Missoula health officials: Unpasteurized milk at market may be contaminated
(Missoula Current) Following potential exposure to bacteria from unpasteurized milk sold at a farmers market in Missoula County, the Missoula City-County Health Department is warning residents to be cautious when consuming raw milk.
The department on Friday said milk recently sold at the farmers market came from a herd where two cows tested positive for Coxiella burnetii – the bacteria that causes Q fever. While one of the cows had not yet produced milk, the other produced about 10% of the farmer’s yield.
“We don’t know if the cow was shedding the bacteria at the time it was milked, or if that cow’s milk was sold at the farmers market,” said Shannon Therrialt, director of environmental health. “We can’t say for sure whether anyone was exposed. However, what we do know is that unpasteurized milk can contain harmful bacteria that can make you and your loved ones sick.”
Unpasteurized milk products have been linked to outbreaks of E. coli and salmonella, among other illnesses. Q fever symptoms can take two or three weeks to present following exposure.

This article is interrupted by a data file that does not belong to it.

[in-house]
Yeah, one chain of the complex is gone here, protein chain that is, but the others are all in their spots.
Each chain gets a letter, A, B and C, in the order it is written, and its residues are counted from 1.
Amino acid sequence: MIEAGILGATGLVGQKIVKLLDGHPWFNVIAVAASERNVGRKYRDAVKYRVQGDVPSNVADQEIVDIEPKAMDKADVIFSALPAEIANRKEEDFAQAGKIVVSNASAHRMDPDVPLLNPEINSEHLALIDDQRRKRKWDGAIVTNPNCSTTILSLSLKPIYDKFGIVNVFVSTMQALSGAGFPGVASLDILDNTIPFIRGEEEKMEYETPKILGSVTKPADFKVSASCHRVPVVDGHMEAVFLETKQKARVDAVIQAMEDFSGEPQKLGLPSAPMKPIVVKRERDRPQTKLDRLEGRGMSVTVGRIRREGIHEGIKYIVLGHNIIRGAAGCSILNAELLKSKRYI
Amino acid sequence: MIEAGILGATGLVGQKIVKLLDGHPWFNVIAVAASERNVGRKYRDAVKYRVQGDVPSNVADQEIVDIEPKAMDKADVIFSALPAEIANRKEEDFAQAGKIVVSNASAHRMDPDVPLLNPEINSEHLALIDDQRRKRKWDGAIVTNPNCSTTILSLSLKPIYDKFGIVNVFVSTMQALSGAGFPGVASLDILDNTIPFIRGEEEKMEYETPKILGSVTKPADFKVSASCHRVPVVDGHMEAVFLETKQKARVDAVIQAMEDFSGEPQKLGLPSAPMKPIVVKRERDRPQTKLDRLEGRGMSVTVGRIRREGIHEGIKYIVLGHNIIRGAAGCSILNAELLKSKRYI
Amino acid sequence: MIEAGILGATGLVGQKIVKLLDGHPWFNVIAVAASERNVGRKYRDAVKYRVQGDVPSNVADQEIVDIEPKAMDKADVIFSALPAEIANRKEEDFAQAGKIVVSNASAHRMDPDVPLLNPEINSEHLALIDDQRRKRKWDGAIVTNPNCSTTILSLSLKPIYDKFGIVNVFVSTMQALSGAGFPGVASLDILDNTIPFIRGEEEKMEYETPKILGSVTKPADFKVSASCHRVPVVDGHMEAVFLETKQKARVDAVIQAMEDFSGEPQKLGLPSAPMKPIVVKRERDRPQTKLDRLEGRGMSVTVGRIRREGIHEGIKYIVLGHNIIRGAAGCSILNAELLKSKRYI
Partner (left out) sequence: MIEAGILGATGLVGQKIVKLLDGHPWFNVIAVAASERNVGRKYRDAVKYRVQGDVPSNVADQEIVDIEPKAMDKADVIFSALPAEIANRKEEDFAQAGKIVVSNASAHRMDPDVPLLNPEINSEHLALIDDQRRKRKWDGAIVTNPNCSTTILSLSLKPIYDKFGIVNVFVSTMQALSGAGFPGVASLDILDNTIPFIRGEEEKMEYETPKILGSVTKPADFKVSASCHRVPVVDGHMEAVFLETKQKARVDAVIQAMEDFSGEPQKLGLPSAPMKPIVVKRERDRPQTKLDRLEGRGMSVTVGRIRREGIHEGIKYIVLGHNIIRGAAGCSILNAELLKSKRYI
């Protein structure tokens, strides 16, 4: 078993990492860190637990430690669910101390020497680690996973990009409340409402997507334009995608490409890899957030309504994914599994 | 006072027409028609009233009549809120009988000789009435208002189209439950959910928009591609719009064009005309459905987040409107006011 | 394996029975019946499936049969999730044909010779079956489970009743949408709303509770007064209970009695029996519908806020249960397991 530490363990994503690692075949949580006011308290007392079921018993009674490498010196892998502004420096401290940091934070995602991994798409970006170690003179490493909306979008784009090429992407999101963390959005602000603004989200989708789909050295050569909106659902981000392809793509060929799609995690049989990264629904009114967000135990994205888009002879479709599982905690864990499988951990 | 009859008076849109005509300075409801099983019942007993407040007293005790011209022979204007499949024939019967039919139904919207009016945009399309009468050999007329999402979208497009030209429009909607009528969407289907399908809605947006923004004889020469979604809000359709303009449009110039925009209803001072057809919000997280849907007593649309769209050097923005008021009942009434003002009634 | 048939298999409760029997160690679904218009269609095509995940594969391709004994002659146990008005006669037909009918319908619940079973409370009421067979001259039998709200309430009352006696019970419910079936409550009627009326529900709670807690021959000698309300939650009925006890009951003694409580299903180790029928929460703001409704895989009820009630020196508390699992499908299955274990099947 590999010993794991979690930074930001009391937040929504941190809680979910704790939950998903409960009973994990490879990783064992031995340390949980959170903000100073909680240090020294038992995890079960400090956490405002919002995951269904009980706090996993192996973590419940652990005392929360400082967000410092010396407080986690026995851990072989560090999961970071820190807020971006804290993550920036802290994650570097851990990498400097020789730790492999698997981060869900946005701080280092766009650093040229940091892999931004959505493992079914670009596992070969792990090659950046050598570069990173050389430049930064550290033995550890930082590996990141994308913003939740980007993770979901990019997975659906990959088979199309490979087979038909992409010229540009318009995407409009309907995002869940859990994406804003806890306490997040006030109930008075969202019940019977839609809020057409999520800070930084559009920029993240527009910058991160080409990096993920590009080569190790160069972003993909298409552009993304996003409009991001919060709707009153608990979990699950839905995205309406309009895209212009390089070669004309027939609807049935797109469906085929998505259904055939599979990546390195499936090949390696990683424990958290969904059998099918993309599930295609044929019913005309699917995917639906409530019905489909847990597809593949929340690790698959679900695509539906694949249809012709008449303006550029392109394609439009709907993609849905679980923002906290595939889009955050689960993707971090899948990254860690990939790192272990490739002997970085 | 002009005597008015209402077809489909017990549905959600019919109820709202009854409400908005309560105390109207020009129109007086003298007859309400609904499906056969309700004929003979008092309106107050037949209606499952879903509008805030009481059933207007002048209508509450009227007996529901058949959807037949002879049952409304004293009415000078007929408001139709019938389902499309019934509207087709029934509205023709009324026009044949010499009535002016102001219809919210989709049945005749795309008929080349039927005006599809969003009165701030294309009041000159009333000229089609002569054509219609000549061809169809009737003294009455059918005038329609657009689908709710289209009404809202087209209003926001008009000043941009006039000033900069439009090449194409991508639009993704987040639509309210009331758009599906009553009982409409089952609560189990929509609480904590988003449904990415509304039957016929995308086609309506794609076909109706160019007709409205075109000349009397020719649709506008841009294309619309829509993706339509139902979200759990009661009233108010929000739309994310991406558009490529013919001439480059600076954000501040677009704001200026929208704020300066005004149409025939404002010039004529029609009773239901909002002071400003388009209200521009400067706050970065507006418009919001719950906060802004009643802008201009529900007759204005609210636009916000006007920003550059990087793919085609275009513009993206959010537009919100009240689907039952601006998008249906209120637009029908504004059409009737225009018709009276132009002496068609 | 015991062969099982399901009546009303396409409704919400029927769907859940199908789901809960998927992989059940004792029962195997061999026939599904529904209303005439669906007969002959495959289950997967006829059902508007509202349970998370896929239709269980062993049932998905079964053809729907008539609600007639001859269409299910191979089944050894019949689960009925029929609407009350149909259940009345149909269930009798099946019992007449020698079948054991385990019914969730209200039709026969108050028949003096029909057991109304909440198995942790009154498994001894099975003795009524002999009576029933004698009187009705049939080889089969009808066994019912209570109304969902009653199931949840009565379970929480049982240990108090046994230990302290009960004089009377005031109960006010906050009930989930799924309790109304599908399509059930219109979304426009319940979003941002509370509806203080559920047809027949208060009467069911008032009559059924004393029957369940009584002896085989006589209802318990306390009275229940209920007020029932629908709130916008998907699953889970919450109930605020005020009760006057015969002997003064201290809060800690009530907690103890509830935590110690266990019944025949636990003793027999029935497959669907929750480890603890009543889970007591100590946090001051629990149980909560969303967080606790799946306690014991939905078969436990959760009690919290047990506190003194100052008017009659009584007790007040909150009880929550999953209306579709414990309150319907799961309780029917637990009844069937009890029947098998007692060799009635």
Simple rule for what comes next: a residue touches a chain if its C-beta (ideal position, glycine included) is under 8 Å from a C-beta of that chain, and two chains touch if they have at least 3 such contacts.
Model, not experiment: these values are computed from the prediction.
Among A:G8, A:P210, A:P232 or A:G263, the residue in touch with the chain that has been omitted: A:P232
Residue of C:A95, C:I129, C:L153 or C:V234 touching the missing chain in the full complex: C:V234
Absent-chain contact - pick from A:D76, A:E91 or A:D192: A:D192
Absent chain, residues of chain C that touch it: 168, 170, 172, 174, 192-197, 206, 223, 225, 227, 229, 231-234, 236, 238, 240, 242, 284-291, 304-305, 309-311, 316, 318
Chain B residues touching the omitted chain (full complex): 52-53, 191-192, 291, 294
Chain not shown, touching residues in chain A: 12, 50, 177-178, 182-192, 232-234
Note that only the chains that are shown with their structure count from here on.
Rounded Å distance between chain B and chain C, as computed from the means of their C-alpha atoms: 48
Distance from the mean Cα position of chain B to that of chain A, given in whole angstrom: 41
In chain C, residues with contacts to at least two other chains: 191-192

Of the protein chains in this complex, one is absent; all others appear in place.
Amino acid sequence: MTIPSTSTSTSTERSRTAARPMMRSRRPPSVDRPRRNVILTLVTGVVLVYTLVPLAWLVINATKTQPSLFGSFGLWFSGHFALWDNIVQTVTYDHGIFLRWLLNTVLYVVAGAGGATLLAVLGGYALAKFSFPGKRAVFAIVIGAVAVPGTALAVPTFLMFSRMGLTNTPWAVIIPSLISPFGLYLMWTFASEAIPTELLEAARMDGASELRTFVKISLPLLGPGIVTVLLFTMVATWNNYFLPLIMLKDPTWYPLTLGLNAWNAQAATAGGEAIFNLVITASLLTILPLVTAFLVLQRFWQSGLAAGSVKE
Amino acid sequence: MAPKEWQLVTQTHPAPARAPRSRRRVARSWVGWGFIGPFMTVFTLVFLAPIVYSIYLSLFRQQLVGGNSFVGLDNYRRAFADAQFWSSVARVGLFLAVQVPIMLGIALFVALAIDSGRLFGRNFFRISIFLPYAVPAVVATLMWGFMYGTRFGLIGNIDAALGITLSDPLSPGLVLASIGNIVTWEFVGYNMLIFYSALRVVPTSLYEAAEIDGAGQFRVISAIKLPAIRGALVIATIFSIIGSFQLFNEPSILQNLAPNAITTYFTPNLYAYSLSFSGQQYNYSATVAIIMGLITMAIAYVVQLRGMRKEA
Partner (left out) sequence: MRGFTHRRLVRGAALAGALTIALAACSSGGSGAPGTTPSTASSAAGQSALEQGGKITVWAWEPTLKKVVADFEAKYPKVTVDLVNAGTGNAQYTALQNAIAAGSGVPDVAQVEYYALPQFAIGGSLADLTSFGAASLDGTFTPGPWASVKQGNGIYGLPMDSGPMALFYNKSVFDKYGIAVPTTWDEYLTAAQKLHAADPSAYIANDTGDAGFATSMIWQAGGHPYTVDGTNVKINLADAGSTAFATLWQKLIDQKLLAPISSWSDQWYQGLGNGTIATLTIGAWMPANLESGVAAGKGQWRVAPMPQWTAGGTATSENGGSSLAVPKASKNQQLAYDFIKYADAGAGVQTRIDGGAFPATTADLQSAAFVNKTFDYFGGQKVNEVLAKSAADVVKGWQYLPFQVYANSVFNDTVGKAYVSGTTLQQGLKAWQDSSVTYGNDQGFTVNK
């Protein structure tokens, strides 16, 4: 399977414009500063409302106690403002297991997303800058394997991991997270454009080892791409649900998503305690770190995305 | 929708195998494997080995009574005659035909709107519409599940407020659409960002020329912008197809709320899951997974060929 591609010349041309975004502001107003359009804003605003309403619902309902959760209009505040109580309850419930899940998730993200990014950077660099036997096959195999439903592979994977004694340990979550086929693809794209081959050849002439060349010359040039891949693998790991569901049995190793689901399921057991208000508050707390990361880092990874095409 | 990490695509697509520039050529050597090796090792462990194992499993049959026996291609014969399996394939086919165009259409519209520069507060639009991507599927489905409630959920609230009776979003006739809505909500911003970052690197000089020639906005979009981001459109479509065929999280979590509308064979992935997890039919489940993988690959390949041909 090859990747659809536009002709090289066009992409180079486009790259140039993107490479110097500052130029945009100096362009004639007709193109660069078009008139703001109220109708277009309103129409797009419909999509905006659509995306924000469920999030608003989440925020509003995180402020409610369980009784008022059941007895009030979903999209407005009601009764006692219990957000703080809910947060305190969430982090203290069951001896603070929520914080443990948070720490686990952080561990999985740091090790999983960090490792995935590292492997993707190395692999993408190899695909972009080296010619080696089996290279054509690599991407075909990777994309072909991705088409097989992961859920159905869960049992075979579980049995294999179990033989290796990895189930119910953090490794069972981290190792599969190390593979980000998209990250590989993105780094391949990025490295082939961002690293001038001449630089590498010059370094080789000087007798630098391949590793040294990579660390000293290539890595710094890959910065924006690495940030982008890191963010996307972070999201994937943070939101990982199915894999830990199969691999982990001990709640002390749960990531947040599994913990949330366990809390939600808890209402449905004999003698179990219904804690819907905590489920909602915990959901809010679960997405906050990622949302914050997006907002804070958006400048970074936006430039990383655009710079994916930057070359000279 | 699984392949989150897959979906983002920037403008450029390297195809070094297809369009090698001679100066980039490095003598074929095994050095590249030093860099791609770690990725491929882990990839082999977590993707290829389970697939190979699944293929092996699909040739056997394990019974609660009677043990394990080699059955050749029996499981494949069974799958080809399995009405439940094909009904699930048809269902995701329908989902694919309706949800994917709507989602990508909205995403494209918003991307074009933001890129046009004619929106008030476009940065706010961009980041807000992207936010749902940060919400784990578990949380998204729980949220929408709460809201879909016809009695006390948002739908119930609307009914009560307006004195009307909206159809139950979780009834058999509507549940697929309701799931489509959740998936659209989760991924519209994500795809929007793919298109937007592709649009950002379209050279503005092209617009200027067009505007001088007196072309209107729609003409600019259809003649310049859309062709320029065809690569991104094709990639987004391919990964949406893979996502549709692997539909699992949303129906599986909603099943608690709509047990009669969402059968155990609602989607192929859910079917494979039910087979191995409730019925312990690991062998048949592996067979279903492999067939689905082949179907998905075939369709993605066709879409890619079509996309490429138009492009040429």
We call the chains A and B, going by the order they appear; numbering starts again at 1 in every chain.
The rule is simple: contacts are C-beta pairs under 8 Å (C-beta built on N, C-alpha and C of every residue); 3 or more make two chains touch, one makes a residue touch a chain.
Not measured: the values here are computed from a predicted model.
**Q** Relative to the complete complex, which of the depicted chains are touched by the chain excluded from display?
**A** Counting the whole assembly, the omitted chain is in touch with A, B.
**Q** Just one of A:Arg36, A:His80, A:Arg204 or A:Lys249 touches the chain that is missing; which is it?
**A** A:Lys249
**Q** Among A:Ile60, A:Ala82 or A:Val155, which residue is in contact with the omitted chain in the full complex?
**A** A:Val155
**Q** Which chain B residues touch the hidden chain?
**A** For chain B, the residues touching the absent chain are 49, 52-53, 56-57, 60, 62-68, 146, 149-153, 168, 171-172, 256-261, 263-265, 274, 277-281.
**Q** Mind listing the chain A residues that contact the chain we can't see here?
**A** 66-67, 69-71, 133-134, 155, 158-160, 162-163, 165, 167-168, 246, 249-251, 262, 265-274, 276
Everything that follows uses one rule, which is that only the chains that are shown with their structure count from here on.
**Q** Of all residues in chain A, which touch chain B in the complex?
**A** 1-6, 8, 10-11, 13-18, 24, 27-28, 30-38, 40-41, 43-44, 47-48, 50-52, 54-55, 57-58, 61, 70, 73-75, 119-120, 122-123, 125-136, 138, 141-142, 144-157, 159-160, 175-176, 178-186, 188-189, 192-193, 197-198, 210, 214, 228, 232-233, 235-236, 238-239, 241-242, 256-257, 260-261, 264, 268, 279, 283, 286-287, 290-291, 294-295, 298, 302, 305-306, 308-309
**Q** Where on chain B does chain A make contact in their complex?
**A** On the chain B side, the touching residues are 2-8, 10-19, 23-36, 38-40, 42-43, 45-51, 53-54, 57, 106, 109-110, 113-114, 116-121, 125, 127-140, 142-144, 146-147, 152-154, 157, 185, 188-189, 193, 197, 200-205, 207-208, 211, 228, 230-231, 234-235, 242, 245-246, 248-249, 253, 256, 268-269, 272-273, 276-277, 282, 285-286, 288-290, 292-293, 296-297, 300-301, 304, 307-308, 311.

According to the Centers for Disease Control and Prevention, symptoms of Q fever include fever, chills, fatigue, headache, muscle aches, nausea, vomiting, diarrhea, chest pain, stomach pain, weight loss and a non-productive cough.
“While drinking ‘raw’ milk has become more widespread in recent years, we want people to know that it can easily be contaminated with harmful bacteria, even when the milking operation is well-run,” Therriault said.
In the 1980s, Missoula experienced a large salmonella outbreak caused by unpasteurized milk from a local dairy. More than 100 cases were linked to the outbreak, and half of those cases were children 14 and younger. The strain of salmonella was multi-drug resistant, and 15% of those who got sick were hospitalized.
In 2021, the legislature allowed unpasteurized milk in Montana under limited conditions. Raw milk can be sold at a farm, farmers market and other traditional community events, as long as the herd is five lactating cows or fewer, and the seller informs the consumer that the product is not licensed, certified, packaged, labeled or inspected under any official regulations.